Maryland Marine fights Stage IV colon cancer for third time

A local Marine had to leave the service not because of a battlefield injury – but because of colon cancer.

The American Cancer Society says nine out of 10 people diagnosed with colon cancer are at least 50 years old. David Chirinos was just 22.

Chirinos was a Corporal; he had already been to Afghanistan with his Marine unit. While serving in Kuwait, he began to develop severe symptoms.

"I would have horrible stomach pains, and then one day I started throwing up blood, and that's when I knew this is, this is serious," he said.

Military doctors thought he had Crohn's disease or colitis, but it kept getting worse.

"At that point I had already lost about 10 pounds within a week maybe two," he said.

They sent him to Germany, then to Walter Reed Medical Center in Bethesda. On a trip to the Inner Harbor in Baltimore he met the young woman who would eventually become his wife.

"When I saw him I knew that it was love at first sight," said his wife, Sarah.

But just a few months later, they got the test results from Walter Reed.

"They checked the biopsies and they said hey, you have stage four colon cancer," David Chirinos said.

The cancer had spread to David's liver and his lungs; the treatment was brutal.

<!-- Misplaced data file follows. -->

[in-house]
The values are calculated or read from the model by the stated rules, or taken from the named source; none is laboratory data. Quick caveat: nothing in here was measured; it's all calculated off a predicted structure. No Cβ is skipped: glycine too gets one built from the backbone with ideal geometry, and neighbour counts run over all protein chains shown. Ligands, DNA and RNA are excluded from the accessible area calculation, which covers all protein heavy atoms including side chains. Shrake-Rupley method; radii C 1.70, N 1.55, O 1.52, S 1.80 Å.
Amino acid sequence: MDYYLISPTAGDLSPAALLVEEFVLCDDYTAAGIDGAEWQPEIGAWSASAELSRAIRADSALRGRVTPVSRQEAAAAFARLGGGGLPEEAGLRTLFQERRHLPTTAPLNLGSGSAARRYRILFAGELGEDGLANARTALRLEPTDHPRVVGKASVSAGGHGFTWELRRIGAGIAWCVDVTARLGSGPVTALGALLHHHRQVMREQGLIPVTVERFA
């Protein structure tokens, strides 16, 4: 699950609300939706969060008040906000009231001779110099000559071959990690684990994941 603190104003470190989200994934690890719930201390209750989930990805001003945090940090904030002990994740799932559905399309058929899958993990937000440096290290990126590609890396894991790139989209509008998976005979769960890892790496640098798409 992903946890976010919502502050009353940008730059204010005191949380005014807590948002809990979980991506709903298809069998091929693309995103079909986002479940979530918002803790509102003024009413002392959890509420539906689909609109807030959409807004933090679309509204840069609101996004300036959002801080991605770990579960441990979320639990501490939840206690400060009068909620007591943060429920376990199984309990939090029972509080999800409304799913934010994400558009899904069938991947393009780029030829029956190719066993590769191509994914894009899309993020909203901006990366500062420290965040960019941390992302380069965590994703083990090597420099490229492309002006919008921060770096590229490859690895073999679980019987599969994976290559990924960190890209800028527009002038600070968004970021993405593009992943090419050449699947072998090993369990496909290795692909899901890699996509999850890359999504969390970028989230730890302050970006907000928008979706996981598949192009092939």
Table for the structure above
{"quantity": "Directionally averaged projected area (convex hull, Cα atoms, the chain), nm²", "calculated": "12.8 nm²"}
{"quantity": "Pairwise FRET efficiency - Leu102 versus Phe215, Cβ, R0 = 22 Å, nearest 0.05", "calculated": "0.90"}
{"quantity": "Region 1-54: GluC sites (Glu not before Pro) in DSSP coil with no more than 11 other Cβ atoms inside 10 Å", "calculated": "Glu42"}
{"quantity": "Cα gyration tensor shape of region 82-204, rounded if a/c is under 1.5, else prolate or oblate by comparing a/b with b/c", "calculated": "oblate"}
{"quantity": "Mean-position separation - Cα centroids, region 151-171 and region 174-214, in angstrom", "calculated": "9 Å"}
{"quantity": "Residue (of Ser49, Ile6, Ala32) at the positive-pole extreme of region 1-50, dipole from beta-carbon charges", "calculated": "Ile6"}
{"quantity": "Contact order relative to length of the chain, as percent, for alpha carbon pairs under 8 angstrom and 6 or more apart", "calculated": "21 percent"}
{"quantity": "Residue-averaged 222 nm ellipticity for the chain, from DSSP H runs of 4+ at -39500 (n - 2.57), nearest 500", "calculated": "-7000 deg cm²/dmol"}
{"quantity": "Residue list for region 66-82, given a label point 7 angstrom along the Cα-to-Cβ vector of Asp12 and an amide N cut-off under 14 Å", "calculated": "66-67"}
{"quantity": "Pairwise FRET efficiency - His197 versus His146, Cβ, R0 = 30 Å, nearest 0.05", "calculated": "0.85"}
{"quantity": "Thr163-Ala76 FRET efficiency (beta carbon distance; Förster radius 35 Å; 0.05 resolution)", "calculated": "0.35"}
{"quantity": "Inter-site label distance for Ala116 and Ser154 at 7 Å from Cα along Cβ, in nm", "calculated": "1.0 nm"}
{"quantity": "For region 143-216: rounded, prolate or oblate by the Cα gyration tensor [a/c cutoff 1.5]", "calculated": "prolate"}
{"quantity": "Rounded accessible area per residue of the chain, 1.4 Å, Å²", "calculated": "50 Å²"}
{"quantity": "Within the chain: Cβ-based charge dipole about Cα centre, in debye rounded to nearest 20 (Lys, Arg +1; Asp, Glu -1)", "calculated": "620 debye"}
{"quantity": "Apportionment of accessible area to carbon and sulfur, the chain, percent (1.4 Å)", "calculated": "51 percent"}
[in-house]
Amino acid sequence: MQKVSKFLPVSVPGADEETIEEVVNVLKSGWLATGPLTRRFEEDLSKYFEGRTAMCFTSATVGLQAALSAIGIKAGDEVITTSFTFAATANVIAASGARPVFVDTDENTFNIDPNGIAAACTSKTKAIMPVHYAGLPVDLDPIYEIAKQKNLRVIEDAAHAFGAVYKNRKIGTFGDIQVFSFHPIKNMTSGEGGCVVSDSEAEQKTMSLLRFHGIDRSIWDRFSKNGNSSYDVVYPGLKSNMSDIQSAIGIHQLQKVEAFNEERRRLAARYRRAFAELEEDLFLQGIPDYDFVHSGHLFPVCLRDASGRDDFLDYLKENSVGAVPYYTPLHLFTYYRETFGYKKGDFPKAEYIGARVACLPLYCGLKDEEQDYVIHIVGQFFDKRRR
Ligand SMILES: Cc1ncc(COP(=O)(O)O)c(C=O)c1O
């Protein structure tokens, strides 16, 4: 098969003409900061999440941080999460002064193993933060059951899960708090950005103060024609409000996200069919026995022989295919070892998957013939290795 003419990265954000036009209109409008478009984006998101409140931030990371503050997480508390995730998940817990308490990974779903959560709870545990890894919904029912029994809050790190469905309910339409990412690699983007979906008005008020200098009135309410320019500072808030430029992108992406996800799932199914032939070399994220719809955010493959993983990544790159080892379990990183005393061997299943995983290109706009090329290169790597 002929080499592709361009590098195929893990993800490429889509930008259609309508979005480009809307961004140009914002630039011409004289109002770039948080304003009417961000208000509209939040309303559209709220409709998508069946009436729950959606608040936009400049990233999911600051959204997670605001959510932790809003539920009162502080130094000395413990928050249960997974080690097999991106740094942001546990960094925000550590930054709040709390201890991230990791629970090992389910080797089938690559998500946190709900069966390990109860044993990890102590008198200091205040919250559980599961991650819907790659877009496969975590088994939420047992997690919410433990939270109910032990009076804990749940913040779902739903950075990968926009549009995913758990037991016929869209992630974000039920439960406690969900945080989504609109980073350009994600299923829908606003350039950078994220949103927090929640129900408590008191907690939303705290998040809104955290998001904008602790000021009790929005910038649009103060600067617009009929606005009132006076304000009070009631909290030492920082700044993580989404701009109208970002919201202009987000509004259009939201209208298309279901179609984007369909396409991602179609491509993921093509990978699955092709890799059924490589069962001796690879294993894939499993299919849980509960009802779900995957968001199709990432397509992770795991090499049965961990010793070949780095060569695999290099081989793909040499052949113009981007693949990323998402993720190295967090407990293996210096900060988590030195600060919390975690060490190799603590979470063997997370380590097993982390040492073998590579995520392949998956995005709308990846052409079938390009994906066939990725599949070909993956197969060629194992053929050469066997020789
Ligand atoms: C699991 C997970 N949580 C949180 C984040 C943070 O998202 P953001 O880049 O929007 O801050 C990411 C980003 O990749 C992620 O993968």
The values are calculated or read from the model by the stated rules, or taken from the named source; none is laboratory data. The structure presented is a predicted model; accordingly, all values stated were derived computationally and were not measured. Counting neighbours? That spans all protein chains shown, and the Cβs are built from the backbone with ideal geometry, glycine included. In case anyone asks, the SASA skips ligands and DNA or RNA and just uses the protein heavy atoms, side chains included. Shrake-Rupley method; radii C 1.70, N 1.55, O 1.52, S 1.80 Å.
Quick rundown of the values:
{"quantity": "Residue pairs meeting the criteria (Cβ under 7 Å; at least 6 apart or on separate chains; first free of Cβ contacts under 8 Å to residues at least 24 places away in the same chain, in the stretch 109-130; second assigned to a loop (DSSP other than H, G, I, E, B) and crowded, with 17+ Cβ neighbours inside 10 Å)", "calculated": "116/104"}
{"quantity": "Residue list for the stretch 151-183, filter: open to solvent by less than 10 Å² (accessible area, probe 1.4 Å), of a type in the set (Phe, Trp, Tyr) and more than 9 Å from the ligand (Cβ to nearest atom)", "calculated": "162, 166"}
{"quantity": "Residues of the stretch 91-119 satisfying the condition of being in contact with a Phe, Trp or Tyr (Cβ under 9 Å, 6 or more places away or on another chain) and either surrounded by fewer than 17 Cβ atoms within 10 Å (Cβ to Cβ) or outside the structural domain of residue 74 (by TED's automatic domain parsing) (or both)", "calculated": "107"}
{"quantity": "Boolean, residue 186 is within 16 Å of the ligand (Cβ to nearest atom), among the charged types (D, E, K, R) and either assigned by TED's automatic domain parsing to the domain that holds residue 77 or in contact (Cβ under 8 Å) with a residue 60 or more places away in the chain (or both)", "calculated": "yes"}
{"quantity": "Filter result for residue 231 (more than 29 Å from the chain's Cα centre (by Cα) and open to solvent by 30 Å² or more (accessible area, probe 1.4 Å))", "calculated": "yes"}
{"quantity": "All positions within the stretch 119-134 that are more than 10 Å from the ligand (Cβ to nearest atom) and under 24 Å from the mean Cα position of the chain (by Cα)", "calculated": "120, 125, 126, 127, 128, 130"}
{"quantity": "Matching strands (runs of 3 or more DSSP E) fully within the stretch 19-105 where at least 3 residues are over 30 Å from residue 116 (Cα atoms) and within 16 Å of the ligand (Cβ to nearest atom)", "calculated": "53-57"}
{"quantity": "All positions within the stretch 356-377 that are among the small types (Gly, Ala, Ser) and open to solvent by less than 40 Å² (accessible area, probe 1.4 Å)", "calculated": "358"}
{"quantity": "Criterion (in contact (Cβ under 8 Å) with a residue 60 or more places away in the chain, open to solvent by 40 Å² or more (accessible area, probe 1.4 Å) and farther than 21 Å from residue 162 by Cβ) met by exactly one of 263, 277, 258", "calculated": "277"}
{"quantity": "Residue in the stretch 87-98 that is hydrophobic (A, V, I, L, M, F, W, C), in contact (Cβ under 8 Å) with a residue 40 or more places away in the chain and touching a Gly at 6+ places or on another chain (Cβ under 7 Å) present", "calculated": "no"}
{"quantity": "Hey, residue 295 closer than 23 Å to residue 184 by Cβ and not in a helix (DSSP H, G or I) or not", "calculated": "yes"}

"They had to wheel him down to the radiation room every single day it was basement of the hospital. He couldn't even stand; he could barely sit up," Sarah said.

After the radiation, surgery and chemotherapy, he was cancer free. Then it came back.

That meant more radiation, surgery and chemotherapy. And then there was finally another period of remission.

Now David's cancer has returned for a third time, he's back to getting regular chemotherapy treatments again.

David receives a full pension through his medical discharge from the Marines; but his wife has had to go on un-paid leave.

And the bills for the mortgage, food and gas for his weekly trips to the hospital from their home in Baltimore County continue to pile up.

That's why this weekend friends and family are hosting a bull and shrimp roast to raise money.

"We are incredibly thankful for all of the generosity. We never thought that we'd have this many people interested in helping us," Sarah said. "He's always, always loved life and appreciated life and lived to the fullest and he would never let anything take that away from him including cancer."

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